I have implemented a special remote that stores files as email messages on an imap server. You need to install three utilities that the hooks invoke to deal with the email: mutt, imaputils, and munpack. I use mutt to send the email with the file as a mime attachment; imaputils talks to the imap server to check for and retrieve the message containing the desired file; and munpack extracts and decodes the attachment to get our file back.

Several programs could be used in place of mutt, but the latter has a convenient command-line option for attaching files; mutt is of course available in the repositories of most linux distributions.

imaputils is a perl program available at http://sourceforge.net/projects/imaputils/ It has several perl library dependencies that you might need to download using the cpan tool. What imaputils does for you is provide a command line tool for interacting with the mail server. You can search for mail with a particular subject (for example), delete mail, retrieve messages, and in general do anything that you can do with a mail client such as mutt, but from the command line rather than a curses interface. This allows you to in turn write scripts that talk to imap servers.

munpack is part of the mpack package. This is included in the Ubuntu and Debian repositories, and can probably be easily obtained for most linuxes. munpack extracts and decodes mime attachments from the command line.

I define the special remote with

git annex initremote hogneygmail type=hook encryption=gitannex hooktype=hogneygmail

The pgp key "gitannex" is a key established just for this purpose, that has no passphrase. This allows me to use encryption transparently. You could also use encryption=shared if your version of git-annex is recent enough. I also did

git annex untrust hogneygmail

Here are the hooks:

    hogneygmail-store-hook = mutt -n -s $ANNEX_KEY -a $ANNEX_FILE -- {email address} < /dev/null
    hogneygmail-checkpresent-hook = "(imaputils.pl --conf {imap config file} --subject $ANNEX_KEY --count | grep -q \"1 messages\" -) && echo $ANNEX_KEY"
    hogneygmail-retrieve-hook =  "imaputils.pl --conf {imap config file} --subject $ANNEX_KEY --display | munpack -fq && mv $ANNEX_KEY $ANNEX_FILE; rm $ANNEX_KEY.desc"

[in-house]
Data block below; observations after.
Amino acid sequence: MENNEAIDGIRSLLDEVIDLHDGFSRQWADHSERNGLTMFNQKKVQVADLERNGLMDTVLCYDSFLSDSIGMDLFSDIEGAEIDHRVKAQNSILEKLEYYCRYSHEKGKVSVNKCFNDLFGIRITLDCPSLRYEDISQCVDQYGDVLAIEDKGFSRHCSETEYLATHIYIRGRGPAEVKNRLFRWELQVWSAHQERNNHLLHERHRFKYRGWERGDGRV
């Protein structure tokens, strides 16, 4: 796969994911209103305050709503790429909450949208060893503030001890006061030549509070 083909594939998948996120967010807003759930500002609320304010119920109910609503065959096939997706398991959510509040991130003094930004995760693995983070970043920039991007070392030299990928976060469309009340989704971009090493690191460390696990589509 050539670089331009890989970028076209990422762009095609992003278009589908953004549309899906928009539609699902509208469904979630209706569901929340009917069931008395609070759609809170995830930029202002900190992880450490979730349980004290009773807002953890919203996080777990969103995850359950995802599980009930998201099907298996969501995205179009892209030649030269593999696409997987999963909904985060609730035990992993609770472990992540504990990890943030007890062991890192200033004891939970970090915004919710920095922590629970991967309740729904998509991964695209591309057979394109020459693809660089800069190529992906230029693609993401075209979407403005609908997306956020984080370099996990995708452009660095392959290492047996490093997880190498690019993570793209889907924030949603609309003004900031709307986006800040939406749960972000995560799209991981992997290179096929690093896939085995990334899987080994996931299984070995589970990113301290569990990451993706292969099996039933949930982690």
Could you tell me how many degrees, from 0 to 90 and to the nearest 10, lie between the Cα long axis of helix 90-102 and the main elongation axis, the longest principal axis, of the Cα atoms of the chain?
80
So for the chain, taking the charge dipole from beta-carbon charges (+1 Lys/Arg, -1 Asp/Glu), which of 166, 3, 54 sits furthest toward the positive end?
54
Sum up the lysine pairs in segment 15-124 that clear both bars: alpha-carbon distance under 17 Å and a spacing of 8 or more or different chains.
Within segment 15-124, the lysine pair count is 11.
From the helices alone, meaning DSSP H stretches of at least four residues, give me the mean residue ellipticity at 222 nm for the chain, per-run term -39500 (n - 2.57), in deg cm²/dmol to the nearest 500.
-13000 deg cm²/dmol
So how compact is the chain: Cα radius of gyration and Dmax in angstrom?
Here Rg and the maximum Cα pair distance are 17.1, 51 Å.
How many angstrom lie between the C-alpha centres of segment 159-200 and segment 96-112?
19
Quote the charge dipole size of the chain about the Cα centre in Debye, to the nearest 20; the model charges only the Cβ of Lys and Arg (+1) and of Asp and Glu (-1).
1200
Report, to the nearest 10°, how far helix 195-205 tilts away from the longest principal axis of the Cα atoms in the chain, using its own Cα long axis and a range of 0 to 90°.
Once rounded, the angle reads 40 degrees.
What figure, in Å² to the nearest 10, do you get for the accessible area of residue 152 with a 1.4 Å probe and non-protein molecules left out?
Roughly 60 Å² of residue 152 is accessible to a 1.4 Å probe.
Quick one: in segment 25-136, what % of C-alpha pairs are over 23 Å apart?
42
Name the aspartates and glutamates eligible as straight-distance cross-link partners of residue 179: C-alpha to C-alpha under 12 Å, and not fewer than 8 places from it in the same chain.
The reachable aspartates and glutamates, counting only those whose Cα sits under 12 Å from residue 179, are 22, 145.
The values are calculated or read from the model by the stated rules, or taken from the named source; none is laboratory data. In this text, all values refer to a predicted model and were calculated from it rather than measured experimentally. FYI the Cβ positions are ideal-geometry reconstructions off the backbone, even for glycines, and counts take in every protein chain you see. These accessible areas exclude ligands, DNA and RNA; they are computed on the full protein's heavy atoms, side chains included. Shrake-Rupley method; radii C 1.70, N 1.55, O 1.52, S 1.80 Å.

hogneygmail-remove-hook = "imaputils.pl --conf {imap config file} --subject $ANNEX_KEY --delete"

The bits inside of the curly brackets, for example {email address}, are what you need to specialize for your particular case (removing the brackets as well). The {imap config file} is a file that contains some configuration for imaputils. In my case it contains

pass {password}
host {mail host}
user {mail username}
box  {name of mailbox to check}

The first line tells imaputils to use ssl, and the third line is the address of the mail host. I include my username and password so I won't need to type these in repeatedly. Of course this means that you need to protect this file carefully.

The operation of the hooks is pretty straightforward. The store-hook attaches the file to an otherwise empty email message with a subject equal to the name of the key, and mails it off. Note that if you use encryption then the keys generated by git-annex here will not be the same ones you see on your local disc. The checkpresent-hook asks the imap server how many emails have the subject equal to the key we are looking for; only if the reply contains "1 messages" are we sure the right one is there. The retrieve-hook uses the "--display" option to imaputils to stream the message, pipes it to munpack to silently extract the attachment (which is our (encrypted) file), and moves the result into the file contents. It then cleans up by deleting the .desc file that I can't prevent munpack from leaving on the disk, even when the message is blank. The remove-hook passes the "-- delete" option to imaputils to supposedly delete the target message from the mail server.

I've performed very limited testing of this, and my knowledge of git and, especially, git-annex is very primitive, so I'm sure this could be vastly improved. In my testing with gmail this seems to work fine, except that messages do not get deleted from the server - I don't know why.

I've developed this as an experiment and proof of concept, and have no knowledge of whether actually using this is in accord with the terms of service of gmail or any other mail service you might be using, nor whether it is safe or a good idea.

-- Lee